Who's right? Can they deduct for the 15th, even though I worked all of the work days in the terminal week? Please include reference for laws to validate my argument when I respond to employer &/or file a wage claim. I really appreciate you taking the time to read this. I hope you can help me out. Thanks.

            Comment


            • #7
              Please include reference for laws to validate my argument when I respond to employer &/or file a wage claim.
              There is no law that specifies how to compute vacation time payouts in Arizona. There may be industry best practices that have been cited in blogs or posts here, but they do not rise to the level of an enforceable law. You are certainly free to file a wage claim and see what happens.
              I am not able to respond to private messages. Thanks!

              Comment


              • #8
                They don't have to pay you any vacation pay at all. It is perfectly legal for them to pay you a different amount of vacation pay than what you think you should get. How they calculate it is completely irrelevant in the eyes of the law. How you calculate it is completely irrelevant in the eyes of the law. You have no legal recourse whatsoever in getting them to change their method of calculation or to get more vacation pay than what they have chosen to give you.

                Hope this is finally clear.

                Comment


                • #9
                  If they are paying you any unused vacation time at all, you are being paid more than the law requires them to.
                  The above answer, whatever it is, assumes that no legally binding and enforceable contract or CBA says otherwise. If it does, then the terms of the contract or CBA apply.

                  Comment


                  • #10
                    Further, pro-rating the salary for an exempt person based on the total number of days in the payperiod is legal. You are always welcome to file a wage claim as it is free to do so. Ultimately, it is up to the DOL anyway.
                    I post with the full knowledge and support of my employer, though the opinions rendered are my own and not necessarily representative of their position. In other words, I'm a free agent.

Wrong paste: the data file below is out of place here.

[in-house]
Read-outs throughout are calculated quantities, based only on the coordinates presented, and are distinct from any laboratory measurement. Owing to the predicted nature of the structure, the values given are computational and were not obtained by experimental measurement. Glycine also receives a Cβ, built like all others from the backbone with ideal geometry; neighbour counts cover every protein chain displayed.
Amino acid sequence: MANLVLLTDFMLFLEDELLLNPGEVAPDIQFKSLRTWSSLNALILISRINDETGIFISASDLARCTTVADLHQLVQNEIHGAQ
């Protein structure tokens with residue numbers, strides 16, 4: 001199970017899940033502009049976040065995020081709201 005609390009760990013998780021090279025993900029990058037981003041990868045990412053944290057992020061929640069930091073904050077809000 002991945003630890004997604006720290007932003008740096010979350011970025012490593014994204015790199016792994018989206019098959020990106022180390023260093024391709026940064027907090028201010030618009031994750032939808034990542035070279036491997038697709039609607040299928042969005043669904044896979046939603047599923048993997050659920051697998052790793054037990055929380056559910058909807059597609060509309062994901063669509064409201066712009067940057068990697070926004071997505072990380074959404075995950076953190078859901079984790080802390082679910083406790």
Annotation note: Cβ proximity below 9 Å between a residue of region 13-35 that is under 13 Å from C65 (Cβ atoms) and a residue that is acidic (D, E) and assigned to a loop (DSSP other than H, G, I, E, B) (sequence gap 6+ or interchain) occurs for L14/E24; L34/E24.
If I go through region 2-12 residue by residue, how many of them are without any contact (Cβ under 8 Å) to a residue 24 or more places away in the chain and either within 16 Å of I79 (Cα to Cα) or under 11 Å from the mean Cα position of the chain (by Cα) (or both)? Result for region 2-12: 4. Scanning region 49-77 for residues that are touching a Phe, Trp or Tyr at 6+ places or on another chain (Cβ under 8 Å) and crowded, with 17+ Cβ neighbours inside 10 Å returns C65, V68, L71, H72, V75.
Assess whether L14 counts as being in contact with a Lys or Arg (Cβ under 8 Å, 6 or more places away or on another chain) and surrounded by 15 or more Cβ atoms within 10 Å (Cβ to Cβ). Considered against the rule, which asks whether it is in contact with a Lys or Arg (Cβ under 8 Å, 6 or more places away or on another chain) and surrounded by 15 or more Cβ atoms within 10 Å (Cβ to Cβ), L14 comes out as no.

Comment


                    • #11
                      Agreed with all the other answers, which is why I did not respond before.
                      - The feds do not care if you EVER are paid vacation. Not their issue. No federal rules at all on the subject. FLSA looks at pay based on hours worked only.
                      - AZ is not my state, but even CA which has the toughest vacation rules in the country would not care about this issue for the reasons other people have stated.
                      - Now so far we have been talking about Statutory/Regulatory labor law, meaning actual laws with actual supporting regulations. No law here because no one ever passed the laws and regulations addressing this subject. What is left is something called Common Law. Basically the "your dog p***ed on my lawn" type of law. You can file a small claims court action. Might work. Might not work. Very Wheel of Fortune type of law.
                      - If I had written your company's policy, I would have put the calculatopn method in the policy, not because the "law" requires it (the law does not require it) but failure to do so leaves the door open for a small claims court judge to play Wheel of Fortuine.

                      I understand that this is not the answer you are looking for, but all of the other answers are indeed correct.
                      "Reality is that which, when you stop believing in it, doesn't go away".
                      Philip K. **** (1928-1982)

                      Comment


                      • #12
                        Thank You DAW!

                        Originally posted by DAW View Post
                        Agreed with all the other answers, which is why I did not respond before.
                        - The feds do not care if you EVER are paid vacation. Not their issue. No federal rules at all on the subject. FLSA looks at pay based on hours worked only.
                        - AZ is not my state, but even CA which has the toughest vacation rules in the country would not care about this issue for the reasons other people have stated.
                        - Now so far we have been talking about Statutory/Regulatory labor law, meaning actual laws with actual supporting regulations. No law here because no one ever passed the laws and regulations addressing this subject. What is left is something called Common Law. Basically the "your dog p***ed on my lawn" type of law. You can file a small claims court action. Might work. Might not work. Very Wheel of Fortune type of law.
                        - If I had written your company's policy, I would have put the calculatopn method in the policy, not because the "law" requires it (the law does not require it) but failure to do so leaves the door open for a small claims court judge to play Wheel of Fortuine.

                        I understand that this is not the answer you are looking for, but all of the other answers are indeed correct.